As Jehovah’s Witnesses, Adam Henry and his parents have chosen that the young man not receive blood transfusions which, with drugs, would help save his life as he suffers from leukemia. The decision is religious, based on their
Fiona Maye, in her late 50s, is Adam’s judge in the family division of High Court. In her own life, her marriage seems to be crashing as her husband, a professor in ancient history, tells Fiona he is going off with a younger woman.
Before she makes a decision in Adam’s case, she goes to visit him in the hospital. He is convinced he should not have the transfusion. Yet he appears so alive with his poetry and musical ability. Fiona is greatly impressed by Adam.
Fiona renders her decision, which has far-reaching effects on Adam, his family, and her own life and its relationships.
Ian McEwan is very public as an atheist. If I am reading the novel correctly, the author seems fair in presenting the religious side of the ethical dilemma facing Fiona and the young man, Adam. There are lots of twists and turns as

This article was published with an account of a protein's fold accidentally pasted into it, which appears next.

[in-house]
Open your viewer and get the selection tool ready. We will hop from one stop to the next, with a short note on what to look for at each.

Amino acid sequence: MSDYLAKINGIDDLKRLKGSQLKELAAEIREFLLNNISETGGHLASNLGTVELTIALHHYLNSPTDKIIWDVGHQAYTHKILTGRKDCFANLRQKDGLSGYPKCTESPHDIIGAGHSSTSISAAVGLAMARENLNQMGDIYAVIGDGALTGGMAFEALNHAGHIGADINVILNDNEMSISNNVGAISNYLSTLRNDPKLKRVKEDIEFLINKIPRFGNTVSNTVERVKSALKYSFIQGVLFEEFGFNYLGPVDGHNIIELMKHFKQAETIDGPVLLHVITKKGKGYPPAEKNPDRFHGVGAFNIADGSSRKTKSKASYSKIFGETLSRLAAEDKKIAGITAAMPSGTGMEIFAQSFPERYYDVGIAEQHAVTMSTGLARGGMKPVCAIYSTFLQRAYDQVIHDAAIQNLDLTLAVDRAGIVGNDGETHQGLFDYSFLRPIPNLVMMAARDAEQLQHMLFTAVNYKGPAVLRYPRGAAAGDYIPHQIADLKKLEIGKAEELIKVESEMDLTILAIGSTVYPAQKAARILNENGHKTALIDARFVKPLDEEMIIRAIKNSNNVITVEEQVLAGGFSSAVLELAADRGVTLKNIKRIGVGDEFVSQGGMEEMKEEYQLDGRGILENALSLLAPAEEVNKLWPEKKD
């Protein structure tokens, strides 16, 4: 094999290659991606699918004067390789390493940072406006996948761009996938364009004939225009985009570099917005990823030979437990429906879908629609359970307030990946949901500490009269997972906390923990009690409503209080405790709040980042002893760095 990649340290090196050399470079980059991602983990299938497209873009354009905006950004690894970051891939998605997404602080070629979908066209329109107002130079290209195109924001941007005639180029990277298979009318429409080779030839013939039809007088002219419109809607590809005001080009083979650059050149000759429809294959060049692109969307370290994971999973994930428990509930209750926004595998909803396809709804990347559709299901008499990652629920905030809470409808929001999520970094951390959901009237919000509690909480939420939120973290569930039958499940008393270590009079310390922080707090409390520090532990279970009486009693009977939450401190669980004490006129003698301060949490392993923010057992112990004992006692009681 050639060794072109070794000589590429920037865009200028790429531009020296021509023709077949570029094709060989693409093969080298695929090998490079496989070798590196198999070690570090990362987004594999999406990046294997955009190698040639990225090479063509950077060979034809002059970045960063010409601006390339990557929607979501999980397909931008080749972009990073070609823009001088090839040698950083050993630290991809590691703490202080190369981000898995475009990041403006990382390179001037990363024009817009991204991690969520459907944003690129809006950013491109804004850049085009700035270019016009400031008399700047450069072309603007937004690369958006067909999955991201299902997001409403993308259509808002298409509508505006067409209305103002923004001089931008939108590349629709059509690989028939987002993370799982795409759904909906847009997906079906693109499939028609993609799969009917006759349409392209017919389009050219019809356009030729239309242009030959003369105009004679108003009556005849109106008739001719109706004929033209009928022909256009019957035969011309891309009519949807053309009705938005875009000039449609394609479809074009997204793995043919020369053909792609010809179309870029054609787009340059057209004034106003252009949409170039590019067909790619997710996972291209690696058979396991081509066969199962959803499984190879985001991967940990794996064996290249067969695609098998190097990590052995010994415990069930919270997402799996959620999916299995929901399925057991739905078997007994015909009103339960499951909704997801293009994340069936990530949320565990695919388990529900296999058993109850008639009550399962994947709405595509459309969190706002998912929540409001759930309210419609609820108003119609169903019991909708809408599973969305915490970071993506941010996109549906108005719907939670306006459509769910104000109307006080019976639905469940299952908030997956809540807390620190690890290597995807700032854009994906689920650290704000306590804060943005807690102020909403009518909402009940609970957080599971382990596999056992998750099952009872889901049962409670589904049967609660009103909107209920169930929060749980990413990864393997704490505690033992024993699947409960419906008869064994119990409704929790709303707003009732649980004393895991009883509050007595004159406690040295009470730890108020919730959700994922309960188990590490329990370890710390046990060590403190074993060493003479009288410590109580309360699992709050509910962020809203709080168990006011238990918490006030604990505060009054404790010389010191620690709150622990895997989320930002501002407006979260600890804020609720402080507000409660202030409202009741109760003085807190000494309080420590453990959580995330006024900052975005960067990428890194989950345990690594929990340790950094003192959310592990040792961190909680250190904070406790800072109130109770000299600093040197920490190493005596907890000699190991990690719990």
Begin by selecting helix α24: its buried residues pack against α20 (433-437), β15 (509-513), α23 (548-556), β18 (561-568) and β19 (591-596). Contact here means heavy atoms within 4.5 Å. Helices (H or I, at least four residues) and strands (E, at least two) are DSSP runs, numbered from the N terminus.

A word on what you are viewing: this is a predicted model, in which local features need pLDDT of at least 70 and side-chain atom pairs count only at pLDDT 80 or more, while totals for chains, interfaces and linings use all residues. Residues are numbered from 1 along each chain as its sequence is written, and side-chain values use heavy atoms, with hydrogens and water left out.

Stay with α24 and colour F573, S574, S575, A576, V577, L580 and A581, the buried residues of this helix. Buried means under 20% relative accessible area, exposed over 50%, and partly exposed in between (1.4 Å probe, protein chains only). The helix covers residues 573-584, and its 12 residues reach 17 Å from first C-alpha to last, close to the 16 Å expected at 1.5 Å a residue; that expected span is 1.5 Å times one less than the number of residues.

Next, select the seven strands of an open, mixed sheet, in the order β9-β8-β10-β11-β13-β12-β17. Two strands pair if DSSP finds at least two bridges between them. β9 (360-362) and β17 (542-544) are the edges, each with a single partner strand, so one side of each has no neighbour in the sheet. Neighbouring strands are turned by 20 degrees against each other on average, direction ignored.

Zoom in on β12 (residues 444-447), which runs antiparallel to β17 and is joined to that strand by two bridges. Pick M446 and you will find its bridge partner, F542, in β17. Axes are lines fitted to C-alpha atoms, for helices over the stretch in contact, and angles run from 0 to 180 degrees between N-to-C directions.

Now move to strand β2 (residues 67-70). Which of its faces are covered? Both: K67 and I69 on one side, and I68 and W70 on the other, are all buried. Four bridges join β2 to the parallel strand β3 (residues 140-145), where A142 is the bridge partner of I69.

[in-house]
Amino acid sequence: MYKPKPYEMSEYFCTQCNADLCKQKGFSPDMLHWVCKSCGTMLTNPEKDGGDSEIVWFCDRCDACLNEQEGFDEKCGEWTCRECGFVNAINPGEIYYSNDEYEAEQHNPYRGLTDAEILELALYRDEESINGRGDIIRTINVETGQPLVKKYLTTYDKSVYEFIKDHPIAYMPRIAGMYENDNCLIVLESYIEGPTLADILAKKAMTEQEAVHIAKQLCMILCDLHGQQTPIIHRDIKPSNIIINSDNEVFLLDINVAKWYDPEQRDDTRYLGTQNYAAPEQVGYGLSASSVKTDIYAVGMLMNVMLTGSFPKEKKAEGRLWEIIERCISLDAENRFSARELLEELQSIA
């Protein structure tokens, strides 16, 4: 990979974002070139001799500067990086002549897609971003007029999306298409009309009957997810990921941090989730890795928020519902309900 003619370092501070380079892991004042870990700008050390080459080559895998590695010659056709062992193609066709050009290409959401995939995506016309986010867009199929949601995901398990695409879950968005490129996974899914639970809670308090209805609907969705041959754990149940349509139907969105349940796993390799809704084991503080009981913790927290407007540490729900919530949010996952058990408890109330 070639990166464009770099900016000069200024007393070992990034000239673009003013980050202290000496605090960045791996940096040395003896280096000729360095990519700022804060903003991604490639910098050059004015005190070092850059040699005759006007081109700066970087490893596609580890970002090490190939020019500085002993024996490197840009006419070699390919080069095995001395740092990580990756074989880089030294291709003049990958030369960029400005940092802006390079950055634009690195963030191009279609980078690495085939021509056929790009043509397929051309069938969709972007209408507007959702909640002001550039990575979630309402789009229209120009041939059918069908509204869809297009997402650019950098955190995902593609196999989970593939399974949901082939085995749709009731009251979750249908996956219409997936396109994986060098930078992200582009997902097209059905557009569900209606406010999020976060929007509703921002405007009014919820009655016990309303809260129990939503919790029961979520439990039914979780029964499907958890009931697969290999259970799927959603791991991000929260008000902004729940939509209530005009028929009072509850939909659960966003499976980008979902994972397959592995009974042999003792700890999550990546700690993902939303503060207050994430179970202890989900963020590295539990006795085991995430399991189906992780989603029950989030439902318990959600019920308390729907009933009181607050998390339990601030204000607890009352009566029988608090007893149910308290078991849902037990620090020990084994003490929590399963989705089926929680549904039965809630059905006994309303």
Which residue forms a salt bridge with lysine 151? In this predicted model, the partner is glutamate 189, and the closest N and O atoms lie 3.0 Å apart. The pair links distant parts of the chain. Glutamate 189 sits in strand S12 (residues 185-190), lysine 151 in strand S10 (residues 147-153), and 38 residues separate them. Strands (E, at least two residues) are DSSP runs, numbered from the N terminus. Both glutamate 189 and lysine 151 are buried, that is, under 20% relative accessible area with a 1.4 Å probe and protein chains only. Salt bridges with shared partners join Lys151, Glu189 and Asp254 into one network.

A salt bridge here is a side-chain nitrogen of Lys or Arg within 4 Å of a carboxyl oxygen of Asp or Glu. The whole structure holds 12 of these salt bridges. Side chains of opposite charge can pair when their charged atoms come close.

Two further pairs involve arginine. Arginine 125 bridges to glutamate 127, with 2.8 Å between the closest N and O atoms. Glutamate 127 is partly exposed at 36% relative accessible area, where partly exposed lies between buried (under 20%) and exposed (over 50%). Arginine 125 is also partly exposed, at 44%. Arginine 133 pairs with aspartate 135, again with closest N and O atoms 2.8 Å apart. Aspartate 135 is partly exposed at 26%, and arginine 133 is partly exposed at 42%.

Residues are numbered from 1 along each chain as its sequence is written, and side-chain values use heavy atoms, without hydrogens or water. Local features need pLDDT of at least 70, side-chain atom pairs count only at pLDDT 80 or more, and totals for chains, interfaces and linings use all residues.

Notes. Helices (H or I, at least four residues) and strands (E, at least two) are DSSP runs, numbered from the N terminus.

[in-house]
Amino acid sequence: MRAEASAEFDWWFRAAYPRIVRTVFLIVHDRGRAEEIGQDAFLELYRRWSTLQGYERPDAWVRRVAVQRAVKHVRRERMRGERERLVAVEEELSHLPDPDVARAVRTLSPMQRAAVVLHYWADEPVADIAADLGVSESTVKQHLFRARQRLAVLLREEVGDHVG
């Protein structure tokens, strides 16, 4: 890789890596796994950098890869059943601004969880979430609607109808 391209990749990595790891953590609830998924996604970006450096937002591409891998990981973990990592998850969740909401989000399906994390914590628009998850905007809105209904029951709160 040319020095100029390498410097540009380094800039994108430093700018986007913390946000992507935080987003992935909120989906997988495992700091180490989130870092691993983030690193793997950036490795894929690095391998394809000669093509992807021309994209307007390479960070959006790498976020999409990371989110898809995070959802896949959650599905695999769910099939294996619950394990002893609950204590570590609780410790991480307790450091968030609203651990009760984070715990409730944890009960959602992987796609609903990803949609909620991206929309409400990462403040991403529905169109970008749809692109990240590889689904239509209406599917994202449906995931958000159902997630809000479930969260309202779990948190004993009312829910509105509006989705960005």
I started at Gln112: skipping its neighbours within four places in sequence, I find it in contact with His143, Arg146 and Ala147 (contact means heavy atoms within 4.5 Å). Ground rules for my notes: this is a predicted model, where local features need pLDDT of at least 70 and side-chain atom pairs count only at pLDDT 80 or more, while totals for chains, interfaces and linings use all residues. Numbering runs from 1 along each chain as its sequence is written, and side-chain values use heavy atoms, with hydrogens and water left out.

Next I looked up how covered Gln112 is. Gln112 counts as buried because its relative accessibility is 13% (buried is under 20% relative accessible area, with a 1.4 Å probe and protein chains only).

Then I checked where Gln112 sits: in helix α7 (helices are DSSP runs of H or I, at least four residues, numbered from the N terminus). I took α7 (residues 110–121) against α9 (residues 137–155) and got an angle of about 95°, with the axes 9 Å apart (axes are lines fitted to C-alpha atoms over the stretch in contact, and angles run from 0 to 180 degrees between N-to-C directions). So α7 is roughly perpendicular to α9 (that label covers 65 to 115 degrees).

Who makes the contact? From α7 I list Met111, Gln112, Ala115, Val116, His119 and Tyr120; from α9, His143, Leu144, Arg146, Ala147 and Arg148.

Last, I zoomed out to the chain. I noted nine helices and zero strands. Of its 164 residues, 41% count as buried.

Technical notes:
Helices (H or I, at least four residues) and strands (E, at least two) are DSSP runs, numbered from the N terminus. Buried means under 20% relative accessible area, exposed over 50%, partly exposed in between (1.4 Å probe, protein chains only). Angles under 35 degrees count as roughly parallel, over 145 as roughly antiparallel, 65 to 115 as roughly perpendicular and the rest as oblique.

the story comes to a conclusion.
But my strong impression is that the author is at least raising questions: that when faith falls apart, non-belief – at least for some people – fails to provide a strong foundation for living one’s life fully.
The novel is not as great as the author’s Atonement and not as poor as his recent Sweet Tooth. McEwan writes well and tells a story that will hold your interest.
(Father Caswell is Inland Register archivist.)
Inland Register Index |
© The Catholic Diocese of Spokane. All Rights Reserved